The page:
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Written Ministerial Statements

Monday 14 March 2005


Asylum and Immigration

The Parliamentary Under-Secretary of State for Constitutional Affairs (Mr. David Lammy): Earlier today my right hon. and noble Friend the Parliamentary Under-Secretary of State for Constitutional Affairs (Baroness Ashton of Upholland), made a statement in the other place reporting that on 7 March the Lord Chancellor made the following statutory instrument:

The order is made in accordance with section 48(3)(a), (4), (5) and (6) of the Asylum and Immigration (Treatment of Claimants, etc.) Act 2004, hereafter referred to as the 2004 Act. This order commences section 26 (unification of appeal system) of, and Schedules 1 and 2 to, the 2004 Act on 4 April 2005. This order also contains transitional provisions in relation to pending appeals which were made to an adjudicator before 4 April 2005, and in relation to further appeals and applications in such cases. Copies of the order have been made available to Members and Peers in votes and printed pages office.

The statement also reported that, on 10 March, the Lord Chancellor laid before Parliament the following statutory instruments;

The Asylum and Immigration Tribunal (Fast Track Procedure) Rules 2005 are made in accordance with sections 106(l)-(3) and 112(3) of the Nationality, Immigration and Asylum Act 2002 and section 40A(3) of the British Nationality Act 1981, after consulting with the Council on Tribunals in accordance with section 8 of the Tribunals and Inquiries Act 1992. These rules prescribe a fast track procedure for appeals and applications to the Asylum and Immigration Tribunal, where the appellant is in detention under the Immigration Acts at the locations listed in schedule 2 to the rules. The rules come into force on 4 April 2005.

The Asylum and Immigration Tribunal (Fast Track Time Limits) Order 2005 is made in accordance with sections 26(8) and (9) of the 2004 Act, after consulting with the Lord Chief Justice in accordance with section 26(10) of the 2004 Act. This order shortens the time limits for review applications made by parties to fast track appeals to the Asylum and Immigration Tribunal. These are referred to as section 103A applications.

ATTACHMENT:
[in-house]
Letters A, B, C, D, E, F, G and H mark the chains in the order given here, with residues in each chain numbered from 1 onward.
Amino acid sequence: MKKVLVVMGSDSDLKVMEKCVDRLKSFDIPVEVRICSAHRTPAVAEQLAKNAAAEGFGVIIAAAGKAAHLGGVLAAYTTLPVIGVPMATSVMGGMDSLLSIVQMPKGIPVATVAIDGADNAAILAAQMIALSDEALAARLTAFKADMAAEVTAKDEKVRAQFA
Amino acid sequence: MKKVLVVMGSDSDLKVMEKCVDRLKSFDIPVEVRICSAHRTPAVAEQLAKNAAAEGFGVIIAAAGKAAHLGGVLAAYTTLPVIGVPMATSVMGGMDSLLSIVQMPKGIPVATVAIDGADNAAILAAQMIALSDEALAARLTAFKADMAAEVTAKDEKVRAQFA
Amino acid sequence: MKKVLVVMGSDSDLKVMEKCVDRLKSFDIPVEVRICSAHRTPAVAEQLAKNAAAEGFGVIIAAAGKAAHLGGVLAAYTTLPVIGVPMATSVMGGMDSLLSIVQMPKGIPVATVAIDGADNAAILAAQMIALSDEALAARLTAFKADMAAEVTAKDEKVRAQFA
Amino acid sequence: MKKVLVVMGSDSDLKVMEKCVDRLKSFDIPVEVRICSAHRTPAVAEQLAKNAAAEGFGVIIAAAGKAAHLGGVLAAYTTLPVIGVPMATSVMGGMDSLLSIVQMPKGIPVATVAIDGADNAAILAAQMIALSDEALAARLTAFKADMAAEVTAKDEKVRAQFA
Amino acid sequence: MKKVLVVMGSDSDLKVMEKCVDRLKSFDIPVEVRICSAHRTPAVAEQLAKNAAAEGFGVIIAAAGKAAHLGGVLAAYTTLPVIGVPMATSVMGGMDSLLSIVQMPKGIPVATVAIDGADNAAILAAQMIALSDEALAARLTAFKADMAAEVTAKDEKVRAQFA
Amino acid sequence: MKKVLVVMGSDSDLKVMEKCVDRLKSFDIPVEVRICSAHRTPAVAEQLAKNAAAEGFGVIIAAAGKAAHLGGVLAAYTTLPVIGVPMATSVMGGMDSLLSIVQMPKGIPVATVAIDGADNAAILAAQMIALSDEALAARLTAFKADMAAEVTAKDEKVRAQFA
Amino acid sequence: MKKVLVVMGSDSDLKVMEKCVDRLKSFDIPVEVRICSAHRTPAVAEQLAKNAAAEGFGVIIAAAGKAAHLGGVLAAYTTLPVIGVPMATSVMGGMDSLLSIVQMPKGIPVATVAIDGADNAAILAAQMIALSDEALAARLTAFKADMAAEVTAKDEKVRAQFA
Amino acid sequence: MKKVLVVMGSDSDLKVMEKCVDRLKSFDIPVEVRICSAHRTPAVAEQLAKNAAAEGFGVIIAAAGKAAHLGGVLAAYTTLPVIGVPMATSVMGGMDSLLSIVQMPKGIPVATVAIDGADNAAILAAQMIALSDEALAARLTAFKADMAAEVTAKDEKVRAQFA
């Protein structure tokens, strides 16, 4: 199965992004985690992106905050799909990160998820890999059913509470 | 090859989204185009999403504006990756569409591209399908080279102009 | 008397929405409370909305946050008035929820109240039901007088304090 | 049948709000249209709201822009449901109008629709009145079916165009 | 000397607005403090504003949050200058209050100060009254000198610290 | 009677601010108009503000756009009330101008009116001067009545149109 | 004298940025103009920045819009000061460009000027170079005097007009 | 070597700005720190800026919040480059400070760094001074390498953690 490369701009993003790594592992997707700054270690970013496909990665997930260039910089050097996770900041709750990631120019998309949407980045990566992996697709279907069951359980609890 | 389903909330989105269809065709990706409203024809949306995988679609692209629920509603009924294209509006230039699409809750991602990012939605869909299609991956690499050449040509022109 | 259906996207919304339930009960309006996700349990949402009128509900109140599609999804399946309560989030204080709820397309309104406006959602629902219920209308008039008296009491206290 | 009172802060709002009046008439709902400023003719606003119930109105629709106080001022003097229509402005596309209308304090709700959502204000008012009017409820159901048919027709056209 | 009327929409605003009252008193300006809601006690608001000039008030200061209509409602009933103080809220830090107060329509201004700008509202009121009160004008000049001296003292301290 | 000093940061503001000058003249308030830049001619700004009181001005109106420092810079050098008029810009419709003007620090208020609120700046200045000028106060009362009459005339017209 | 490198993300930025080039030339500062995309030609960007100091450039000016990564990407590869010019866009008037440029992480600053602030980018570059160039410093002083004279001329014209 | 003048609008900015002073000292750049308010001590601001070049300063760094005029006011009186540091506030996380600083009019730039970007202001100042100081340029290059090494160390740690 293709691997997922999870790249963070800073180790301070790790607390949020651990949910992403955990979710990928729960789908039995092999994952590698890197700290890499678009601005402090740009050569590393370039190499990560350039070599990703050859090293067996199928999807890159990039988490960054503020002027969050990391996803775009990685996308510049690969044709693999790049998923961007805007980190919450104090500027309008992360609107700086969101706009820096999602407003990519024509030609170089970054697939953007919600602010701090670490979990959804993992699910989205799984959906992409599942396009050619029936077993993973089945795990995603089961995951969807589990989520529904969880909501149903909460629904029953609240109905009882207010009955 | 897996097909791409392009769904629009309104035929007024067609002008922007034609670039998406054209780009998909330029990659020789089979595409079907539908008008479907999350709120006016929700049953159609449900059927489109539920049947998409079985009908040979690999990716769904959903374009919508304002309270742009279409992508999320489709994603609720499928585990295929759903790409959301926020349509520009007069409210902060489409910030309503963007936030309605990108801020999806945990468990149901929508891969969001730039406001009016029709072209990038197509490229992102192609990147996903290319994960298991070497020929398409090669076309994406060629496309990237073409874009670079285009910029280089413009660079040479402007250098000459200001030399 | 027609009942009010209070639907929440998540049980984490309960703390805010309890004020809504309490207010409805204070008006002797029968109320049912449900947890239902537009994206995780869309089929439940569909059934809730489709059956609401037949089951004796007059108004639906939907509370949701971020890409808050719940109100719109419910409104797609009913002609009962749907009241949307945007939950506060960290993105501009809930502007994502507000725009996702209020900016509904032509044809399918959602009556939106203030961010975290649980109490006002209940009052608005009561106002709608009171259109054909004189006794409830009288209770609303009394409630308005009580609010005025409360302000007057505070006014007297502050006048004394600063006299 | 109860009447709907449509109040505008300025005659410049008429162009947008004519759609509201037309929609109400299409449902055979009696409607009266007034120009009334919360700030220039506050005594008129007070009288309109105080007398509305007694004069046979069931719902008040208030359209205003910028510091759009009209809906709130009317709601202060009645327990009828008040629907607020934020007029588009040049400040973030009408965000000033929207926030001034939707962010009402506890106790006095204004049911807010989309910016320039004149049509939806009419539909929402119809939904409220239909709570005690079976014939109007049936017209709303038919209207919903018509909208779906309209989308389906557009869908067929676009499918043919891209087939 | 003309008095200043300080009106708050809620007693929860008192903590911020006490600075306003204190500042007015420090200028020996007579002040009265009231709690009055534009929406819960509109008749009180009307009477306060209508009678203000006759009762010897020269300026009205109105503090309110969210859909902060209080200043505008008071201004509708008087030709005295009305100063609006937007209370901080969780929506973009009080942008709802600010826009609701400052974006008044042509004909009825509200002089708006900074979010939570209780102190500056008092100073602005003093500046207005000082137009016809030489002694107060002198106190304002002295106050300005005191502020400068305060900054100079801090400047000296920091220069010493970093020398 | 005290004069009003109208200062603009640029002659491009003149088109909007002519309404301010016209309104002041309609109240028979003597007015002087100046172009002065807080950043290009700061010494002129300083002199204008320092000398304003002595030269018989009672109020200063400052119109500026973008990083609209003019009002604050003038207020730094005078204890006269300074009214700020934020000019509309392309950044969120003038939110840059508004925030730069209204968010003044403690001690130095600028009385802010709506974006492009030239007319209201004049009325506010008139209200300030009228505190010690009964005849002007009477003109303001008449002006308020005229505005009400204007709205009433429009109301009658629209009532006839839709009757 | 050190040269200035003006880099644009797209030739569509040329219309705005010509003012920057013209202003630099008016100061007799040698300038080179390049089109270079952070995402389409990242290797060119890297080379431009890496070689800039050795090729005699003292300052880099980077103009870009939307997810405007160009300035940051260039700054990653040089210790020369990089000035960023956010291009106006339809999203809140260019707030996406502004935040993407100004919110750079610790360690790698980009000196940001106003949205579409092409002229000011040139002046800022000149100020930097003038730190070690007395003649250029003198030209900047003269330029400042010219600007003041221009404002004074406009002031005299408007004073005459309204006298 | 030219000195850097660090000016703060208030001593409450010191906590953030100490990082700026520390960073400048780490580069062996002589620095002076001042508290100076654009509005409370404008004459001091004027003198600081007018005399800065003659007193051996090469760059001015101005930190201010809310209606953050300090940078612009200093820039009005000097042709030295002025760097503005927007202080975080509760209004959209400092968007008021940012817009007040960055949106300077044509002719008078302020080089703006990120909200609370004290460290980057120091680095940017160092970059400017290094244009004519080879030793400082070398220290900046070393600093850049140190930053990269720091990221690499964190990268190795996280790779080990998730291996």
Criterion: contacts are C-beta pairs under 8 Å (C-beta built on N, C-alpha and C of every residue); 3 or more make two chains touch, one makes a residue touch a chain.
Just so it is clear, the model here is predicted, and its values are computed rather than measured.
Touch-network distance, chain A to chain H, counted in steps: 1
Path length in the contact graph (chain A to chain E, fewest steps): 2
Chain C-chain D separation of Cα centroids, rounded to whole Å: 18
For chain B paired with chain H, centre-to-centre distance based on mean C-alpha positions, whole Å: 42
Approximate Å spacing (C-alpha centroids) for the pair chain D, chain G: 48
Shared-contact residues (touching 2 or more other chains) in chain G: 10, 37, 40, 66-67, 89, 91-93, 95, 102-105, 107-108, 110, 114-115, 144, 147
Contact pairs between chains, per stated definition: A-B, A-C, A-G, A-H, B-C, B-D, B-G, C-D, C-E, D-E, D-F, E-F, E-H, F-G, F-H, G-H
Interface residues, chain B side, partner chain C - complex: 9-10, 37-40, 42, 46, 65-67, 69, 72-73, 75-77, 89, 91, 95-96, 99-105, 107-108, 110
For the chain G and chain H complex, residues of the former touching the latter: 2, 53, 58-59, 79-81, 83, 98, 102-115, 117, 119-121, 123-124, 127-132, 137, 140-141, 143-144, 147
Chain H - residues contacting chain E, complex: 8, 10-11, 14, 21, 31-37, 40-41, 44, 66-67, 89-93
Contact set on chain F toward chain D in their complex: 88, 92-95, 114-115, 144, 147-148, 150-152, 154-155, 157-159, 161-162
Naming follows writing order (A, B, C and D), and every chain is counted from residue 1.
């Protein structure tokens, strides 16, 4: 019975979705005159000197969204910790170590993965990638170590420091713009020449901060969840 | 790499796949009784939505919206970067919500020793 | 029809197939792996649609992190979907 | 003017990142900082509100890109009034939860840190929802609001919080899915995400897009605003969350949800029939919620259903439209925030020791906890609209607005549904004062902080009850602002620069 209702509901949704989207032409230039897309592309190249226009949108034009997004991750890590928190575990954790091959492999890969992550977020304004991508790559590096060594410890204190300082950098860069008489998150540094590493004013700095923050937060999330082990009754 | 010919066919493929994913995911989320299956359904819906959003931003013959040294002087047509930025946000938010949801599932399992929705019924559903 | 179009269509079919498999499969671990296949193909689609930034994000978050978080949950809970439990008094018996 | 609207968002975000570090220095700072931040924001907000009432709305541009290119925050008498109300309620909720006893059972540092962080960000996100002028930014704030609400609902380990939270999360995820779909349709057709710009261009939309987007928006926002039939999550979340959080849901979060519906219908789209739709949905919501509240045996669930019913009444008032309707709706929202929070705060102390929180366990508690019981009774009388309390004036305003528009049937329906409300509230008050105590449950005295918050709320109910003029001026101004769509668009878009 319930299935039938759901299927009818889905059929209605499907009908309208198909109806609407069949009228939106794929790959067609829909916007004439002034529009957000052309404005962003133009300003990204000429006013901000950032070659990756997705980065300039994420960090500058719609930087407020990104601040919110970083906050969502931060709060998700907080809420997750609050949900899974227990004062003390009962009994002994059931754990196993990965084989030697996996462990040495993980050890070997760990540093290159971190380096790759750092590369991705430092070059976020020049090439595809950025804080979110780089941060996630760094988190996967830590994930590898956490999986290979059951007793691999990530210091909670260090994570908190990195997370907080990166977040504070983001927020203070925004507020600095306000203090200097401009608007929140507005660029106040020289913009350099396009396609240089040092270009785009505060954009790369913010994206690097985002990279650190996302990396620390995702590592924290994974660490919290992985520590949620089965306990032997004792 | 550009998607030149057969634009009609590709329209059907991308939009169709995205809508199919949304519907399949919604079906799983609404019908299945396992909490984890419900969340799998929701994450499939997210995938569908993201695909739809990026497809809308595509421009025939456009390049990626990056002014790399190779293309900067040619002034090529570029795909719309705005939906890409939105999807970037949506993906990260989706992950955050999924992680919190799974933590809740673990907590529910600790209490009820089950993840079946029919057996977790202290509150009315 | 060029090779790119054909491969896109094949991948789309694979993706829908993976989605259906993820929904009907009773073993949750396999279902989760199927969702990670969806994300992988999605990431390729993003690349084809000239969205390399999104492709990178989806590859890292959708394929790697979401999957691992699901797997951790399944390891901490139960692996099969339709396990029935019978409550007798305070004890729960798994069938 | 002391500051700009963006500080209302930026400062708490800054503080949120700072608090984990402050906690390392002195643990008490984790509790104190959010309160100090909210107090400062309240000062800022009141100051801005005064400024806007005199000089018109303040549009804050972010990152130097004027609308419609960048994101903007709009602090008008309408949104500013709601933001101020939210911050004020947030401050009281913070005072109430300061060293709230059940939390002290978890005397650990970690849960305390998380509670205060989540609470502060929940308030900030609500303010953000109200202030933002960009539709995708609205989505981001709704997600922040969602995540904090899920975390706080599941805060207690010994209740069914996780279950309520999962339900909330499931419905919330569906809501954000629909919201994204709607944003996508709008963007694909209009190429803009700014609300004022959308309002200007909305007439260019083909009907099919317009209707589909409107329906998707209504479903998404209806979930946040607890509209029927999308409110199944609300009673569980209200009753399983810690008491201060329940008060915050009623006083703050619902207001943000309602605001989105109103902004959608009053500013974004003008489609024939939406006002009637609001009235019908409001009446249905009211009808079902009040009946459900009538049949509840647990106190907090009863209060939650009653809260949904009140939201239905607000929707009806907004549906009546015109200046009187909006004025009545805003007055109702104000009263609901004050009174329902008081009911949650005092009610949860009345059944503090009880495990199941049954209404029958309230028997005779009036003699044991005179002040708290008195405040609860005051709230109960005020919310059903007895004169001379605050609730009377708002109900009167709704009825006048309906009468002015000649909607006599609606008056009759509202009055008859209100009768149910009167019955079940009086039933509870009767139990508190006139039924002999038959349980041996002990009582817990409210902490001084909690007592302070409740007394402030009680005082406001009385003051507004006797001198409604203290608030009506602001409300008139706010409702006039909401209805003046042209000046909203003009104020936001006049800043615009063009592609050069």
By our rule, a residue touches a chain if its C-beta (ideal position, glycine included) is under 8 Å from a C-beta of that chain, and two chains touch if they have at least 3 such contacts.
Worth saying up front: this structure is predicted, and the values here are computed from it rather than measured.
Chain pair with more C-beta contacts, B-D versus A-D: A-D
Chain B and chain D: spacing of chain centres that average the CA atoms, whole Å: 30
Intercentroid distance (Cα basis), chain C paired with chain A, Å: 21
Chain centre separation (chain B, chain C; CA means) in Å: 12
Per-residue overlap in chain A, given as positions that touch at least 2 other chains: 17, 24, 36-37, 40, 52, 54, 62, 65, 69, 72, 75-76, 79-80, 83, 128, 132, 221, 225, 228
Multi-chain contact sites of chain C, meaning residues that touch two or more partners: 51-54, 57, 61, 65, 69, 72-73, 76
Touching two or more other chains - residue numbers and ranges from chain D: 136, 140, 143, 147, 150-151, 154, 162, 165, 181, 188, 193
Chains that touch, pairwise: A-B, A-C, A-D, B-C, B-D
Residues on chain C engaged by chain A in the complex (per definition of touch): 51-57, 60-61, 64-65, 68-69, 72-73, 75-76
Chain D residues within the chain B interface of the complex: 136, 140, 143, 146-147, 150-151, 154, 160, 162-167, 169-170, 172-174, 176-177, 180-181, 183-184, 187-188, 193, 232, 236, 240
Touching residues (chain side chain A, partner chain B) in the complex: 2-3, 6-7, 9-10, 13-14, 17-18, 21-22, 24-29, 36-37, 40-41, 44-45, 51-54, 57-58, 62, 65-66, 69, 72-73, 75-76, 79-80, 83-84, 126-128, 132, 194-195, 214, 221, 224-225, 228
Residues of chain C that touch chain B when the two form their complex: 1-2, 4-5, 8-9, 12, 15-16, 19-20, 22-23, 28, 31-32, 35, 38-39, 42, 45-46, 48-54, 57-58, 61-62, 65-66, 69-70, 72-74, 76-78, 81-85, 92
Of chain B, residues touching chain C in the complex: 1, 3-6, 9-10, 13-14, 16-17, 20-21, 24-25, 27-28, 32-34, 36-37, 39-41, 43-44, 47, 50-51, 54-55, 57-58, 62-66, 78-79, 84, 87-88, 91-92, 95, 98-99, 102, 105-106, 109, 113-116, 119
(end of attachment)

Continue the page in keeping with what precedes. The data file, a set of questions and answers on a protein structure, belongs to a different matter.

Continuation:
For a transitional period, section 103A applications will initially be considered by a member of the Asylum and Immigration Tribunal. If the tribunal member does
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not make an order for reconsideration or grant permission for the application to be made out of time, the applicant may notify the appropriate court, under paragraph 30(5)(a) of schedule 2 to the 2004 Act, that he wishes the court to consider the application.

This order reduces to two days the time limits for making the section 103A application and for giving notice under paragraph 30(5)(a), in cases where the fast track procedure rules apply, so long as the appellant remains in detention when the application is made or notification is given. It comes into force on 4 April 2005.


Homelessness Strategy

The Parliamentary Under-Secretary of State, Office of the Deputy Prime Minister (Yvette Cooper): I am pleased to announce that the Government's new homelessness strategy "Sustainable Communities: Settled Homes; Changing Lives" has been launched today.

"Settled Homes; Changing Lives" follows on from our five year plans, "Homes for All" and "People, Places and Prosperity". It builds on our achievements to date in tackling the worst forms of homelessness. This has resulted in meeting challenging targets to significantly reduce rough sleeping since 1998 and put an end to the scandal of homeless families having to raise their children for long periods in cramped bed and breakfast hotels. It also sets out our plans for reducing homelessness further and halving the use of temporary accommodation by 2010.